The Year 4 curriculum focuses on interactions between people, places and environments over time and space, and the effects of these interactions. Students develop understandings about the causes and nature of significant events related to the First Fleet and the experiences of people involved in colonisation prior to 1800. They study the diversity of First Nations Australians prior to colonisation, their continuous connection to Country/Place, and the impacts of contact on them and their Countries/Places. Students examine the ways in which environments are important to people and animals, as well as the ways people sustainably allocate and manage renewable and non-renewable resources. Students’ understanding of democratic decision-making is developed through investigating the role of their local government and the contribution of citizens to their community. They examine how rules and laws affect them and the importance of laws in society. Students explore cultural diversity in their community and how belonging to different groups can shape personal identity.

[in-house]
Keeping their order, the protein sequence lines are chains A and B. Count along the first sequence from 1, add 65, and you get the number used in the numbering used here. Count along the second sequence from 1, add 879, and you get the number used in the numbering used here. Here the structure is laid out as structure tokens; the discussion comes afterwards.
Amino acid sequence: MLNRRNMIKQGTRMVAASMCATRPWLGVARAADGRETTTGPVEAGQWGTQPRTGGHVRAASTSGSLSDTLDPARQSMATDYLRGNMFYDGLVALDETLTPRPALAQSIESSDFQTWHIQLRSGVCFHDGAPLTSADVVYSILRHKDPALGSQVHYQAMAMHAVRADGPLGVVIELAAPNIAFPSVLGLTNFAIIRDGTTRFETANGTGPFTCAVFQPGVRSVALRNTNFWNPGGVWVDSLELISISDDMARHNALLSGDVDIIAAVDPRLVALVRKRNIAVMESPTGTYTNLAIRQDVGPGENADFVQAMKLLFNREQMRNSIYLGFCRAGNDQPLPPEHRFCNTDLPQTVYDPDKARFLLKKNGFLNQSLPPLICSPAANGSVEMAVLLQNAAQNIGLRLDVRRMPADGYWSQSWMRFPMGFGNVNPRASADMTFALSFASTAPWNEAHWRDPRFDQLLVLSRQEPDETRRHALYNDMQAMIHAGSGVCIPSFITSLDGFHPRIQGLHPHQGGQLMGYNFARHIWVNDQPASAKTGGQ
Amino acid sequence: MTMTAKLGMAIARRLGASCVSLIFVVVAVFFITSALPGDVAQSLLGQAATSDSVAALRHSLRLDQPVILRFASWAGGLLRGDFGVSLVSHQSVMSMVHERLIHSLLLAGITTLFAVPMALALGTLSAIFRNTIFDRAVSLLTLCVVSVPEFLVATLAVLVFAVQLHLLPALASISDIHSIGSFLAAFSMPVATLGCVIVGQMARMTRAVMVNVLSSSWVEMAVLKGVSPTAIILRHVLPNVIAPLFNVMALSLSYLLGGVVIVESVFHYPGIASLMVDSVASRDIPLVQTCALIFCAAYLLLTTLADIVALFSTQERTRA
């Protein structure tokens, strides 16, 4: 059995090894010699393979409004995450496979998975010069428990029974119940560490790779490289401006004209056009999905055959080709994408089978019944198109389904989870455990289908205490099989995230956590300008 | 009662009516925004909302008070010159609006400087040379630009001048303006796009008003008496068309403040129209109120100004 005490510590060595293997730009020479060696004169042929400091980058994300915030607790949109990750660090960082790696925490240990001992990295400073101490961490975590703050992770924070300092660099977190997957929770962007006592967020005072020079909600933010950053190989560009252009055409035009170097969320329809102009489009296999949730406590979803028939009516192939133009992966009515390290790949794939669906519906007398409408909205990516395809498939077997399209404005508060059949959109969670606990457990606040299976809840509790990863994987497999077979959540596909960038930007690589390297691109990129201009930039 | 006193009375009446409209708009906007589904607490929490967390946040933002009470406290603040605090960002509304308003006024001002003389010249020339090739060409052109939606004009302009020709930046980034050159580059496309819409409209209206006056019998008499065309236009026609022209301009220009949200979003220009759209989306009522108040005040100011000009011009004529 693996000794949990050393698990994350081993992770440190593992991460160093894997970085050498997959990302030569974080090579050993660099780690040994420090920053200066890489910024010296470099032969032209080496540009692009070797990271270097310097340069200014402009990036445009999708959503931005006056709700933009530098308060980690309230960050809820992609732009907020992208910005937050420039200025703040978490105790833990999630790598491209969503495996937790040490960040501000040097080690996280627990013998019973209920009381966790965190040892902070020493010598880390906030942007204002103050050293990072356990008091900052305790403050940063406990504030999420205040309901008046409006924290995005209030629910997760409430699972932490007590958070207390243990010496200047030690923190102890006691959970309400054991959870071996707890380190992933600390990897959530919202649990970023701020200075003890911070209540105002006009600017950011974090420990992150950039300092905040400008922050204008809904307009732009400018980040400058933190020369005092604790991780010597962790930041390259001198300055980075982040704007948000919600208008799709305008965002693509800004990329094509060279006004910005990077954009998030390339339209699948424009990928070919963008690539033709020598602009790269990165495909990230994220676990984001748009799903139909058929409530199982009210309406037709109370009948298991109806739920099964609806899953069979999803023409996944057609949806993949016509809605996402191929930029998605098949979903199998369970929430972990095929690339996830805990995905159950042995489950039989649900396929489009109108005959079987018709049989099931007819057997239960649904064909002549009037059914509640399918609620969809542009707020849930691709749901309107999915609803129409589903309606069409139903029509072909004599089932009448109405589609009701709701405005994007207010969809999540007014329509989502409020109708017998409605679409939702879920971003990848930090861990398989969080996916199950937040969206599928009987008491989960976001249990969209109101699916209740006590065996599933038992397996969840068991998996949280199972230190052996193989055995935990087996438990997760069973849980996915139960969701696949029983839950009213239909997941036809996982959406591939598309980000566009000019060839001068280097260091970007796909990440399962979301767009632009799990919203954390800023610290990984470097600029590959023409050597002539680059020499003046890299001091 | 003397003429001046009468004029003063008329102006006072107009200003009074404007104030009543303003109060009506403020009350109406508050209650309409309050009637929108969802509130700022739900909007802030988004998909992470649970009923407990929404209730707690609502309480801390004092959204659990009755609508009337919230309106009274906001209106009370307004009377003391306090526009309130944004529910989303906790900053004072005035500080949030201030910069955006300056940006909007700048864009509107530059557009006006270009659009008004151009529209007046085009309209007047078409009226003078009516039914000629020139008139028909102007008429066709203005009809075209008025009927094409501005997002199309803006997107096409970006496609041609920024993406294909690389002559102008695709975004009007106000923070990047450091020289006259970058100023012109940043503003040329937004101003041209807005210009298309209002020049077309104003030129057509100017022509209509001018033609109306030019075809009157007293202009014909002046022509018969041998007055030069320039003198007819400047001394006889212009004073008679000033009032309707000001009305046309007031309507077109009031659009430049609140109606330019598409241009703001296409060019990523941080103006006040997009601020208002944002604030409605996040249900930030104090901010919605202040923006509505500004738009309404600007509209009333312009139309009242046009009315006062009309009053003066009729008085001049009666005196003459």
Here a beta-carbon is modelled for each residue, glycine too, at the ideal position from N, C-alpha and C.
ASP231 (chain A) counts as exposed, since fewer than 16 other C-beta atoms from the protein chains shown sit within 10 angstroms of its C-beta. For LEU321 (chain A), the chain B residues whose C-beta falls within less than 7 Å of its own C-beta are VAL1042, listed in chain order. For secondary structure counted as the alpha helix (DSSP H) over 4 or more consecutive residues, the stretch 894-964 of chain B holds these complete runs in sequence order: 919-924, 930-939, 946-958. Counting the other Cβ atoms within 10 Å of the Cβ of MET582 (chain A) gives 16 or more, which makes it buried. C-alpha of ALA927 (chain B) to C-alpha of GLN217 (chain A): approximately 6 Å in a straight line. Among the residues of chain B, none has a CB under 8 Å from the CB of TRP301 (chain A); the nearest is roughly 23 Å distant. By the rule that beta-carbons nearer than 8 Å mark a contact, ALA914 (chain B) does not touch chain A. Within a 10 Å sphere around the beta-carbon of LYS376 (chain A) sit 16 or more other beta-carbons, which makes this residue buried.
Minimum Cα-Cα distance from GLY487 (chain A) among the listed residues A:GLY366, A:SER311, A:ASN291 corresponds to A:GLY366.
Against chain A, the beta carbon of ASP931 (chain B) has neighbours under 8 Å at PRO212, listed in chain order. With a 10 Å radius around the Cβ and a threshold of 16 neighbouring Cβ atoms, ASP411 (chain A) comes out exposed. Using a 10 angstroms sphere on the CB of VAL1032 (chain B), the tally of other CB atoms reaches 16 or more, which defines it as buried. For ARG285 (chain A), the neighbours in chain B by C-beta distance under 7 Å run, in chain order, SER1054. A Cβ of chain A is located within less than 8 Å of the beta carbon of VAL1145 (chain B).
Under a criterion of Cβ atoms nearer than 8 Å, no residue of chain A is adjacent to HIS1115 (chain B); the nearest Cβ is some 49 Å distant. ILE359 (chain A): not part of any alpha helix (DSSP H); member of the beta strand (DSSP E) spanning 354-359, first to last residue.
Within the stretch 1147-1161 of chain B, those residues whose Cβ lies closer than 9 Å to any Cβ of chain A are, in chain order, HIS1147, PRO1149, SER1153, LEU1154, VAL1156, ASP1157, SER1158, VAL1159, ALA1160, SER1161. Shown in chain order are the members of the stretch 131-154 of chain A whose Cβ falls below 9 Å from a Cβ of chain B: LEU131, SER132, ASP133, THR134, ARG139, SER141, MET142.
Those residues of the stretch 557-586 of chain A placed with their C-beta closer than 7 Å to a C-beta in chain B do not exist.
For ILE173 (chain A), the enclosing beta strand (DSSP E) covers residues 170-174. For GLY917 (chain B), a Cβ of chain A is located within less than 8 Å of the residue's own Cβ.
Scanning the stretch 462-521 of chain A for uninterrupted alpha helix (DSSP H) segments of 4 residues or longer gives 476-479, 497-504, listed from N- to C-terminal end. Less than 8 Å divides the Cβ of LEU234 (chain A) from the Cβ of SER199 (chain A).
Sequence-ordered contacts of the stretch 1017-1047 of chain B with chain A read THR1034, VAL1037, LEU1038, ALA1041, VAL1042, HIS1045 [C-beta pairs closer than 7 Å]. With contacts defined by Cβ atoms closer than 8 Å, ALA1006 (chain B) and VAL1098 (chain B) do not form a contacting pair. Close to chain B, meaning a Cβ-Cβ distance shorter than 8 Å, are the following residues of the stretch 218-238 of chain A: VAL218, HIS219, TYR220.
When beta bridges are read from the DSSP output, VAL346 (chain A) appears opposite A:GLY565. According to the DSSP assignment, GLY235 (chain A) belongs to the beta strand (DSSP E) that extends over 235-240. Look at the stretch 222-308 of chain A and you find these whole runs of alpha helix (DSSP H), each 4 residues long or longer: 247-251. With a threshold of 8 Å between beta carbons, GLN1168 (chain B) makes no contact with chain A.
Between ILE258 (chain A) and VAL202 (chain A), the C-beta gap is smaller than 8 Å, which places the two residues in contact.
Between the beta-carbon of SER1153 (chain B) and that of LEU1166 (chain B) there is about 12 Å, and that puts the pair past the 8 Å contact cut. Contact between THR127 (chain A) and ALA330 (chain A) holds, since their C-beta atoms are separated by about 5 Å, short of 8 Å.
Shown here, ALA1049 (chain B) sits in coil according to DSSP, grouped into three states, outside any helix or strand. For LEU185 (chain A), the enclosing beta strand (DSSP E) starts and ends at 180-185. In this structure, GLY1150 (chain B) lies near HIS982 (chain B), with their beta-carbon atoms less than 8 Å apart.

Inquiry questions provide a framework for developing students’ knowledge, understanding and skills. They allow for connections to be made within and across the HASS sub-strands or with other learning areas.